4. 4. 6 Garden Talk - Official Newsletter of MG of DC 7Garden Talk - Official Newsletter of MG of DC Psst!! Do you have something to say? Are you an expert on a garden topic? Submit an article to info@mgofdc.org to be featured in our newsletter! Submissions due by the 15th of the following month of this publication. Comfrey is a large angiosperm or flowering plant in the Bor- aginaceae family, which also includes Borage, Brunnera, Heliotrope and Pulmonaria to name a few. While it is native to Europe and Asia, Comfrey has been allowed to naturalize all over the world and can be found growing in wet soil along streams and creeks as well as other moist areas. The two most common varieties found are Common Comfrey, Symphytum officinale and Rus- sian Comfrey, Symphytum x up- landicum. This showy plant has large, highly textured leaves that are covered with coarse hairs and will produce stalks with many flowers ranging in shades of pink, blue or white, which can bloom through the summer. An added bonus to having Comfrey in the garden is the number of bees that will visit the blooms, which makes it a good forage crop for native pollinators. Historical references of com- frey go back as far as ancient Greece when it was commonly used to treat heavy bleeding and bronchial illness- es. Commonly referred to as Knitbone, the name is derived from the Latin word conferta, which means to grow together. Comfrey leaves were frequent- ly brewed into a tea to treat numerous ailments in addition to closing wounds and healing broken bones. Unfortunately, Comfrey has fallen out of favor for consump- tion due to the discovery of dangerous alkaloids present in the leaves that could cause liver damage. Although some say that the quantity of the al- kaloids is so low that one would have to drink large quantities of tea, it is best to err on the side of safety and confine the leaves to external uses in poultices or soaks. One of the best uses for this garden workhorse is in the compost pile. The leaves are considered to contain similar nitrogen content to animal ma- nure, which means it is a great way to pump up the nutrient level in your finished compost. Harvest leaves, as they are available, filling a large bucket then cover with water. Allow it to steep for several weeks keeping in mind that it will stink. Dilute the strained liquid 1:1 with water to use as a sub- stitute for synthetic fertilizers. Hardy to zone 4, Comfrey is a large, sun loving plant that can spread as much as 4 feet in diameter and grow 3-5 feet high, so give it plenty of room to grow. The size of the plant makes it ideal for naturalizing areas or covering wet ground. The roots run deep and can be difficult to completely remove so be sure to plant it in an area where it can stay. While it is possible to grow Comfrey from seeds, it is usu- ally easier to find young starts that sprout from established plants, and the rapid growth of an established plant means that it can be split yearly. Keep new plants well watered until they are established and consider using some mulch around the base to help keep them moist. Once established, the lower leaves will create a natural mulch layer that will help retain water in the soil. • Garden Tour: Nature’s Song By Melanie Davis, MGofDC Intern Pam Rice opened her garden, Nature’s Song, for a tour in late June.What a treat for the senses! With water features throughout, well-planned pops of color, and winding, easy-to-walk paths, it only took a few minutes to dis- cover why Nature’s Song is such an apt name; the birds, bees, and water sounds all provide a calming, peaceful backdrop in a garden that inspires both curiosity and serenity. The front of the house is clean and inviting, with hydrangeas and hostas taking center stage. Fountains flank the front walk, giving first-time visitors an inkling of what the back yard has to offer. I approached the garden by the path to the right of the house. As I crossed under the arbor and entered the garden, I was greeted with a lovely table and chairs that look over a bed of native grasses, across a path and onto a border bed of flow- ers and evergreen shrubs. There are several paths that wind through the garden, and there is no right or wrong way to start. I followed the path past the patio to the parking area next to the garage.The pollina- tor garden there is punctuated with large tubs of vegetables and herbs.The tubs, gate, and bench offer some welcome structure to the softness of the plantings. Winding up to the top of the garden, I entered the shade area filled with ferns, hostas, and hydrangeas. A lovely seat- ing area surrounds a fire pit, and there’s a hidden hammock, perfect for a peaceful after- noon nap or an escape with a good book.Turning a corner, I came to the top of the waterfall feature where a covered swing awaits, beckoning visitors to sit and relax while enjoying the beauty of their surroundings. As I meandered along the paths, I saw several different kinds of art: abstract metal pieces, statues, and markers with verses from the bible or sayings that are meaning- ful to Pam and her family.These little vignettes allow visi- tors to have a place for their eyes to come to rest when taking in the gar- den, and also shows Pam’s personality throughout the garden. Pam’s use of native perennials, annuals, trees and shrubs show- case the diverse beauty one can bring to their yard with a bit of planning and preparation. Nature’s Song is a beautiful re- treat, and a perfect example of how a steeply-graded yard can be designed into an inviting and easy-to-navigate escape. • DidYou Know? You earn FIFTEEN volunteer hours for hosting a garden tour! You earn one volunteer hour for ev- ery hour you assist (including travel time to and from the garden) a host. You earn one CEU by visiting the tour garden. By Alisa Huntsman The Comfrey Garden Companion Pictured above: Claudia Neely (left) and Mar- garet Lovett (right).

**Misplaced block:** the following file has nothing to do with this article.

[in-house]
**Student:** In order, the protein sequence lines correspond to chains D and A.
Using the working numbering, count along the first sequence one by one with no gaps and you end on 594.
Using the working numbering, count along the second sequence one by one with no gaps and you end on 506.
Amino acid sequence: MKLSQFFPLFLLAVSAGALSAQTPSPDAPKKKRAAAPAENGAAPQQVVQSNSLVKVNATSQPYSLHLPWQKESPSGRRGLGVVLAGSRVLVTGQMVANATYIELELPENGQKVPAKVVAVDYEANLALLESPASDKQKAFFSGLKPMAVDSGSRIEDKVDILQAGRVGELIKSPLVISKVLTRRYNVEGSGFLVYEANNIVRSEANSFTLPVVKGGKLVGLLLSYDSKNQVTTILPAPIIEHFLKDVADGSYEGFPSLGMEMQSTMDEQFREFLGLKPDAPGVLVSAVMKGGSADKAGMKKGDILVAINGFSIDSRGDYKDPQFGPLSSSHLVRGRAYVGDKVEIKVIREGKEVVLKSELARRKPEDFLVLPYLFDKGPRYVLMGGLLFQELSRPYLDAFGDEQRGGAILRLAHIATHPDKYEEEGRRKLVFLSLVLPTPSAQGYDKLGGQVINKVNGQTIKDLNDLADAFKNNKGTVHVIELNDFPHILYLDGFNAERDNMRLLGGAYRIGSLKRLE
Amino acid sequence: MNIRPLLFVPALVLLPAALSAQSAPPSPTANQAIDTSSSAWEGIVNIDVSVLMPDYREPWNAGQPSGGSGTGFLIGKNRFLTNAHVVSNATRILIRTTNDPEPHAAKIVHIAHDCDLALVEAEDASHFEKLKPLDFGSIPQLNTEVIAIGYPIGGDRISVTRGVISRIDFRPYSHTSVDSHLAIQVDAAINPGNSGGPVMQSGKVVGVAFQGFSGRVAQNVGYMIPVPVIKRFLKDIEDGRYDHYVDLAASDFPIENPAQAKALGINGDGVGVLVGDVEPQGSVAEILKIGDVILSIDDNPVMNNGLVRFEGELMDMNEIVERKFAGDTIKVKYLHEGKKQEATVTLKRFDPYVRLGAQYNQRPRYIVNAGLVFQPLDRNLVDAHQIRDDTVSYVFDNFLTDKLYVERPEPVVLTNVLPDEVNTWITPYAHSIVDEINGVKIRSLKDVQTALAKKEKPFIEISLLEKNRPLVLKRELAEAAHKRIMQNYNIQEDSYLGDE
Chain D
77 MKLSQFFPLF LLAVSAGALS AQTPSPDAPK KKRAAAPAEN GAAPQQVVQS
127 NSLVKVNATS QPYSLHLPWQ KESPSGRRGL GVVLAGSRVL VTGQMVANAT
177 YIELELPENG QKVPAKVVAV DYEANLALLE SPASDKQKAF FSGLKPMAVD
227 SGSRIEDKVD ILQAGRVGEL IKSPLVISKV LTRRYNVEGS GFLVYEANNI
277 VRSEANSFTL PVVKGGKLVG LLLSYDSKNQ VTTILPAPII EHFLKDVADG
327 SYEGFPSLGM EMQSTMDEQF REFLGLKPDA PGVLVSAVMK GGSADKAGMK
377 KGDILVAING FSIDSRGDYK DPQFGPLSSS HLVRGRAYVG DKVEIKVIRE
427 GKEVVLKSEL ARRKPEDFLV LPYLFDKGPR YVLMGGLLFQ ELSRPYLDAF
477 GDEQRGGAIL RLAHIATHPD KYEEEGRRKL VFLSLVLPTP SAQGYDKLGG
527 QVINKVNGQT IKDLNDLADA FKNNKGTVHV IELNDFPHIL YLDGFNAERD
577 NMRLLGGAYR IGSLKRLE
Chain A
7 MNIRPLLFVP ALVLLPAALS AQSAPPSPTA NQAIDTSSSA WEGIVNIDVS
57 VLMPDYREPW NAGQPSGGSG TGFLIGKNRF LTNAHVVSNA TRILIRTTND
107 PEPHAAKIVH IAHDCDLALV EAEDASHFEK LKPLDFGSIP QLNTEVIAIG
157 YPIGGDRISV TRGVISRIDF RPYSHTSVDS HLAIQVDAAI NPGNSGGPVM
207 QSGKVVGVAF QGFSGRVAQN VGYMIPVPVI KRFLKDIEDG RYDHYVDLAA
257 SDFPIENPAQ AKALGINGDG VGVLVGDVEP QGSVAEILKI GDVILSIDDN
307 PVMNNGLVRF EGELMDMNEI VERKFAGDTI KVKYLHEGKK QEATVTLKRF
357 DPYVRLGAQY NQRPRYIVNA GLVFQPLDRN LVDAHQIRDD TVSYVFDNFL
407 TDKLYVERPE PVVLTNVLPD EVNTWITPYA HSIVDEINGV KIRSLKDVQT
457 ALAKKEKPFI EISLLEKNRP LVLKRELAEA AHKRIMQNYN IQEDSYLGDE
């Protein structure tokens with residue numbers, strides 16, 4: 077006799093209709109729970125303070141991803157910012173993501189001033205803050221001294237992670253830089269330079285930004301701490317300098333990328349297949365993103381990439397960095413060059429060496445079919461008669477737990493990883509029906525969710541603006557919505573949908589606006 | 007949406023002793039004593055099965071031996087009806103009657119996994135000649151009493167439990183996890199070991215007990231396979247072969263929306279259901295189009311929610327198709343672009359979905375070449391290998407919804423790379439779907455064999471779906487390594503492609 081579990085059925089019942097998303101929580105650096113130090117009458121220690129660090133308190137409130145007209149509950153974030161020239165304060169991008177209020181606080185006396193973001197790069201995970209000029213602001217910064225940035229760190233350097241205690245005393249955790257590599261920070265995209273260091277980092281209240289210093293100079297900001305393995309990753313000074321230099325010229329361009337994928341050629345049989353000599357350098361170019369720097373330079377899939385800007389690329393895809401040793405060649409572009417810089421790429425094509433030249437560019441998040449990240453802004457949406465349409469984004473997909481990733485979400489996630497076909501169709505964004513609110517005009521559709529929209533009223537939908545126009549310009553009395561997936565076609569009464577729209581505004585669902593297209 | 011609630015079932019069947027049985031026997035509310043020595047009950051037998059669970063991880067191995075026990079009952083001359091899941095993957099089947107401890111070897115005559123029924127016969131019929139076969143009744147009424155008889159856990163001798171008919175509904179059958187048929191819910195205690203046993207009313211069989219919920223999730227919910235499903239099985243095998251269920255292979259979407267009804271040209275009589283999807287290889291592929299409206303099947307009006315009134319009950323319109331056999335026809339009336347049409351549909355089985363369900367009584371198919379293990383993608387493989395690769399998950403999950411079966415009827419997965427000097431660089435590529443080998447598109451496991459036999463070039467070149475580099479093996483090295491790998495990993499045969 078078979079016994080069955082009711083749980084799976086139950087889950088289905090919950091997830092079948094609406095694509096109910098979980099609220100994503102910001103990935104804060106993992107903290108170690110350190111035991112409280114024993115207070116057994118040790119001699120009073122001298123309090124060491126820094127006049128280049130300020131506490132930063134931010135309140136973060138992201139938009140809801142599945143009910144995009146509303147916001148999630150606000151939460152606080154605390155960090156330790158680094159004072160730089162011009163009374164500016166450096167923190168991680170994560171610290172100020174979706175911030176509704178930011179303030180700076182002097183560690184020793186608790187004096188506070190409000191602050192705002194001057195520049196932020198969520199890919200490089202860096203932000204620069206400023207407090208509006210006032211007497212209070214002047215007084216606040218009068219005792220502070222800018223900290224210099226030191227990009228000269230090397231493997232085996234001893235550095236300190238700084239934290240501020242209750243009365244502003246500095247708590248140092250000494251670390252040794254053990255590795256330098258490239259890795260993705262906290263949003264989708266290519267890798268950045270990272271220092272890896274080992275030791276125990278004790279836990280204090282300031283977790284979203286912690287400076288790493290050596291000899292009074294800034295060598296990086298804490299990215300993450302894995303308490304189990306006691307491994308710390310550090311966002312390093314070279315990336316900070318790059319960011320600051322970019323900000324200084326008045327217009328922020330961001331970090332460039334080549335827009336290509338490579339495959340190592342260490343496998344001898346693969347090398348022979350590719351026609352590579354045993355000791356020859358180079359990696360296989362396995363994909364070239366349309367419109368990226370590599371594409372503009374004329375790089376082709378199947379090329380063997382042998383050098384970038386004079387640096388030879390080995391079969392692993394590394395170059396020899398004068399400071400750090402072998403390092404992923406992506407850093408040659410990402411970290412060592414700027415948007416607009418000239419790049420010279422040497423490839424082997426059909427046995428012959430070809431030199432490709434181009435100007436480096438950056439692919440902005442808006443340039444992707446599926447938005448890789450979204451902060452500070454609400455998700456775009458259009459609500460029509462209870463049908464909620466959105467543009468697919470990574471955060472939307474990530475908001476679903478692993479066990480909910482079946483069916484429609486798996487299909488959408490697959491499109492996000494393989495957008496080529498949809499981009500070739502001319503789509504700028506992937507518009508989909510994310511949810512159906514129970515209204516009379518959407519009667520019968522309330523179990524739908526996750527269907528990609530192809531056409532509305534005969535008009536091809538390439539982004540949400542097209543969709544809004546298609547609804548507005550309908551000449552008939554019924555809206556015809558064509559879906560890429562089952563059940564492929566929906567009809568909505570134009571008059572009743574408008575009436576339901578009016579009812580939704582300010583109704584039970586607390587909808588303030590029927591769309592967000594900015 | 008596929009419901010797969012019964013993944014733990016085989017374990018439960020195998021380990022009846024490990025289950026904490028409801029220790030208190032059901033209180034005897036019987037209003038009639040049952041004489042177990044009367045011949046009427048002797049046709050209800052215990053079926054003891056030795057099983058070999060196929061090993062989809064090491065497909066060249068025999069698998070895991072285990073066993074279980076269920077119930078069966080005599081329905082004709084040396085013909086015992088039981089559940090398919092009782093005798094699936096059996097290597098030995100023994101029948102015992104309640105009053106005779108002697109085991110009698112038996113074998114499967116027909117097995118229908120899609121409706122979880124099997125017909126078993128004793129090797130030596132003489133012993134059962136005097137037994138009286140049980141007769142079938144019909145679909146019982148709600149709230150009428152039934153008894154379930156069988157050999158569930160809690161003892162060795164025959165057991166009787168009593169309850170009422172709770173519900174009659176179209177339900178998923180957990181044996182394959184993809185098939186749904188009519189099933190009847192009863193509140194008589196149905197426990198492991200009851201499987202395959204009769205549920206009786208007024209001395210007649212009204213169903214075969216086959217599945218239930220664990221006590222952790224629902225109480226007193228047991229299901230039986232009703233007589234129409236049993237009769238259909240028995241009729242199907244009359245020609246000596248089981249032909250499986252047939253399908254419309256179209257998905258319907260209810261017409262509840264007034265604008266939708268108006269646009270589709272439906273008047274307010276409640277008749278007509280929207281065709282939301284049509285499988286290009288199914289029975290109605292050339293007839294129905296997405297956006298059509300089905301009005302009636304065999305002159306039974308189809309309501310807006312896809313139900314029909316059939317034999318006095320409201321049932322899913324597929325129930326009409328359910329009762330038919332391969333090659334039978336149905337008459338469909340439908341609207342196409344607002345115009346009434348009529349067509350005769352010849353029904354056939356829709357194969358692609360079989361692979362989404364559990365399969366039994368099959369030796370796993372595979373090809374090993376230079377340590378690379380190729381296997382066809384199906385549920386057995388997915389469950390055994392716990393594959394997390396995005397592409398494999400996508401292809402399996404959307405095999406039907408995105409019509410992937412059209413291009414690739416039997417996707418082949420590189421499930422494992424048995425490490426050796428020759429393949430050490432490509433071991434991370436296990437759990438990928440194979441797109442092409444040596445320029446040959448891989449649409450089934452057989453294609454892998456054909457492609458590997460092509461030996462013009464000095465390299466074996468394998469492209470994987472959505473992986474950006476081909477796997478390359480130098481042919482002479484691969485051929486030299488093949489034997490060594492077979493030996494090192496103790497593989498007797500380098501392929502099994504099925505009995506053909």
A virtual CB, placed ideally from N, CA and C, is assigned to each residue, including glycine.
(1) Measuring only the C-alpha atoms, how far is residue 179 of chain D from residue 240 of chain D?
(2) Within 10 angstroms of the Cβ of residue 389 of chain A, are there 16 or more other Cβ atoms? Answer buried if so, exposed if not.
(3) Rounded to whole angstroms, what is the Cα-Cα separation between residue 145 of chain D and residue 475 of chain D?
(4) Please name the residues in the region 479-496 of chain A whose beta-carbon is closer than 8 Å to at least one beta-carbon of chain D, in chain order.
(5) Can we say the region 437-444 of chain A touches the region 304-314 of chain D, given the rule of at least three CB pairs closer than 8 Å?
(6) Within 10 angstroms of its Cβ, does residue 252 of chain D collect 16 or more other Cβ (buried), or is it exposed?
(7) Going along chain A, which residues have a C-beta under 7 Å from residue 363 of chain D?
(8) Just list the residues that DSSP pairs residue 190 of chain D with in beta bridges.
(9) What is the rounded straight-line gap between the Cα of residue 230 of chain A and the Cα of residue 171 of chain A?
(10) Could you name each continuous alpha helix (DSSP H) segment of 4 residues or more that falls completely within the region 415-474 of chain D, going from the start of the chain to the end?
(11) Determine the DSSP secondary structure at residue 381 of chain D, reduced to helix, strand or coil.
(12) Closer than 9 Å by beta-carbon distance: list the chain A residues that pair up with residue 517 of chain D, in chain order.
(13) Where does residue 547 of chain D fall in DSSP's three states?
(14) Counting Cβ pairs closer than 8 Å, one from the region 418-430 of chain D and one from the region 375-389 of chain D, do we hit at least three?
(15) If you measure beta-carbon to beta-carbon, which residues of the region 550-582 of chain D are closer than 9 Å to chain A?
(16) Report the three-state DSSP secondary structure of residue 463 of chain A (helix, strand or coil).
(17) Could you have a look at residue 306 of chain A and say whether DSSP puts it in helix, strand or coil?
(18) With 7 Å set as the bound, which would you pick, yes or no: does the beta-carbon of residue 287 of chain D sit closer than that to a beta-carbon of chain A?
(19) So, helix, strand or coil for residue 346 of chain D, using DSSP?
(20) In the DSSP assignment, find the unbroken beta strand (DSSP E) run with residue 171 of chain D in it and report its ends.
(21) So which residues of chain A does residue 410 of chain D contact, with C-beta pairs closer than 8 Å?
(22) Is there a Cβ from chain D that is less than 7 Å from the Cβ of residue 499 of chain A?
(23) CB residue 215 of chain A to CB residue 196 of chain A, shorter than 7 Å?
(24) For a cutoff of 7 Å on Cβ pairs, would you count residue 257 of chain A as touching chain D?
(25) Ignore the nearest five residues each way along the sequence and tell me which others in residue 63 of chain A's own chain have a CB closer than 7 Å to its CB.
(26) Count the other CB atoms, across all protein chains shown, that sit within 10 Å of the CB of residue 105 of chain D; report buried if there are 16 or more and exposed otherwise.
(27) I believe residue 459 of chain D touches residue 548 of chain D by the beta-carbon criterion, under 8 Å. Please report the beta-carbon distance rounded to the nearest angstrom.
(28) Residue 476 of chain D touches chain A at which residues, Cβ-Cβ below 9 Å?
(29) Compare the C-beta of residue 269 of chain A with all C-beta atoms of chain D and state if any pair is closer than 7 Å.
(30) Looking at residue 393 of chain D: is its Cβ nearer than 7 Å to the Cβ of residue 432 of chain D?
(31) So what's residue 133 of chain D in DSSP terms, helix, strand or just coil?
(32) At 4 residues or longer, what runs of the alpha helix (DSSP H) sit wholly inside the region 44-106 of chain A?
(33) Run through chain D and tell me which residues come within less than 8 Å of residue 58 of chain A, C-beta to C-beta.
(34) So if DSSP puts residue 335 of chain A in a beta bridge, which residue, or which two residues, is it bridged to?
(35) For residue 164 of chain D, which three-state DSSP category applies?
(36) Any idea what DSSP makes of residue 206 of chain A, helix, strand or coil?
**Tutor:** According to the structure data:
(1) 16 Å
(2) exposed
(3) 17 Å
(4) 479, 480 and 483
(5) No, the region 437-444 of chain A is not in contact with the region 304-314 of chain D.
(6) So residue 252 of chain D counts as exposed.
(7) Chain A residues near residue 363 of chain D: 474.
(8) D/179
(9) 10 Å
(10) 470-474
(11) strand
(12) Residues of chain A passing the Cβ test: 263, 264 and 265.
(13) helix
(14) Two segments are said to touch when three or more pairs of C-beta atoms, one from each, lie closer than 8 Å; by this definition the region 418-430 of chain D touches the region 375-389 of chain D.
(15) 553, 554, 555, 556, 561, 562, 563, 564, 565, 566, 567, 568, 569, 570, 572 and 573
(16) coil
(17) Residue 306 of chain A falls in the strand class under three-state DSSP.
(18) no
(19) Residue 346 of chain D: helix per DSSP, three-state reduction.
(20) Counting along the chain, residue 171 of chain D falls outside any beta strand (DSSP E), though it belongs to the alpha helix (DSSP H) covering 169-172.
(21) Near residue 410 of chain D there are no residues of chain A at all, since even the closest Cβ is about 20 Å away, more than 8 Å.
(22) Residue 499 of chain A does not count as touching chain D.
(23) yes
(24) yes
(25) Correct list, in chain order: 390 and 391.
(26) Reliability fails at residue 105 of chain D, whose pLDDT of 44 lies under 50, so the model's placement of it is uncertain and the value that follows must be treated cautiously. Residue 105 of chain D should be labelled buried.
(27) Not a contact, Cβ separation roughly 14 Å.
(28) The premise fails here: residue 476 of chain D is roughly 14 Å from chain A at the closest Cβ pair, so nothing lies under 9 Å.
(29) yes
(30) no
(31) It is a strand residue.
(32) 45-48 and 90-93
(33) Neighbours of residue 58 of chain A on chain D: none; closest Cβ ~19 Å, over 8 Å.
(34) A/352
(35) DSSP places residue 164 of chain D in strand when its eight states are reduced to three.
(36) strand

5. 5. 8 Garden Talk - Official Newsletter of MG of DC 9Garden Talk - Official Newsletter of MG of DC Alisa’s Royal Wedding Recipe As Seen on Talk of the Town Editor's Note:This recipe was featured on Talk of the Town to generate buzz on the Urban Gardening Festival,which happened to be the same day as the RoyalWedding Blackberry Julep Cake Makes 1 (8-inch) triple layer cake to serve about 16 2 sticks (8 ounces) unsalted butter, at room temperature 2 cups sugar 1 tablespoon freshly grated lime zest ½ teaspoon salt 7 egg whites 3 cups cake flour 4 teaspoons baking powder 1-1/4 cups milk Blackberry-Lime Preserves, recipe follows Bourbon Buttercream, recipe follows Fresh flowers, mint sprigs and blackberries for decoration Preheat the oven to 350 degrees F. Grease three (8”) cake pans, line them with parchment paper and grease the paper. In a mixer bowl, cream the butter with the sugar, lime zest and salt until light and fluffy. Gradually add the egg whites, 2-3 at a time, beating well between additions and stopping to scrape the bowl. Combine the flour with the baking powder and whisk gently to blend. In 2-3 alternating additions, beat the dry ingredients and milk into the butter mixture, scraping down the sides of the bowl several times. Beat on medium-high speed for about 1 minute to smooth out any lumps and aerate the batter. Scoop out 1 cup of the batter into a small bowl. Divide the remainder equally among the 3 prepared pans, smoothing out the tops with a rubber spatula. Mix 2-1/2 tablespoons of the Blackberry-Lime Preserves to the reserved batter and blend well. Drizzle heaping teaspoons of this blackberry mix- ture over the batter in the pans. Using a skewer or paring knife, swirl the blackberry mixture in short strokes to drag it down through the batter but take care not to mix it in. Bake for about 25 minutes or until a cake tester or toothpick stuck into the center comes out clean and the cake begins to pull away from the sides of the pan. Let the layers cool in the pan for about 10 minutes, then turn them out onto wire racks, remove the parchment paper and allow them to cool com- pletely. To assemble the cake, place a layer, flat side up on a cake stand or serving plate. Spread half of the Blackberry-Lime Preserves over the top. Place a second layer on top of the first and spread the re- maining preserves over it. Finally, place the third layer on top of the second and frost the sides and top of the cake with the Bourbon Buttercream Frosting. Arrange the flowers, mint and berries around the top of the cake and the serving plate. • Blackberry-Lime Preserves Makes about 1 cup 3 cups frozen blackberries, fresh or frozen ¾ cups sugar 2 tablespoons freshly squeezed lime juice 2 teaspoons freshly grated lime zest 1 teaspoon grated fresh ginger If using frozen blackberries, allow them to thaw and the juices to accumulate. Place the berries and the juice into a blender. Puree the berries and pass them through a strainer to remove the seeds. In a heavy medium nonreactive saucepan, combine the blackberry puree with the sugar, lime juice, lime zest and the ginger. Bring to a gentle boil over medium heat, stirring fre- quently dissolve the sugar. Continue cooking, stirring often, for 20 minutes, until the pre- serves have thickened and are reduced to 1 cup.• Bourbon Buttercream Makes about 3-1/2 cups 1 cup sugar 6 tablespoons bourbon 2 eggs 3 sticks (12 ounces) unsalted butter, at room temperature 2 tablespoons freshly squeezed lime juice In a small nonreactive saucepan, combine the sugar and bourbon. Bring to a boil over medium heat, stirring to dissolve the sugar. Continue to boil with out stirring, occasionally washing down the sides of the pan with a wet pastry brush, until the syrup reaches the soft-ball stage, 238 degrees F, on a can- dy thermometer. Immediately remove from the heat. In a large mixer bowl with the mixer on medium speed, beat the eggs briefly. Slowly add the hot syr- up in a thin stream, pouring it down the sides of the bowl; be careful to avoid hitting the beaters or the syrup will splatter. When all of the syrup has been added, raise the speed to medium-high and beat until the mixture is very fluffy and cooled to body temperature. This can take 15 minutes or longer. Reduce the mixer speed to medium-low and gradually add the softened butter 2-3 tablespoons at a time, beating well between additions. As you’re adding the last few tablespoons of butter, the frost- ing will appear to break, then suddenly come together like whipped butter. Beat in the lime juice, and the frosting is ready for use. • Watch Alisa on News Channel 5 www.newschannel5.com/talk-of- the-town/recipes/blackberry-julep- cake-inspired-by-the-royal-wedding www.newschannel5.com/talk-of- the-town/creating-a-royal-bou- quet-or-floral-centerpiece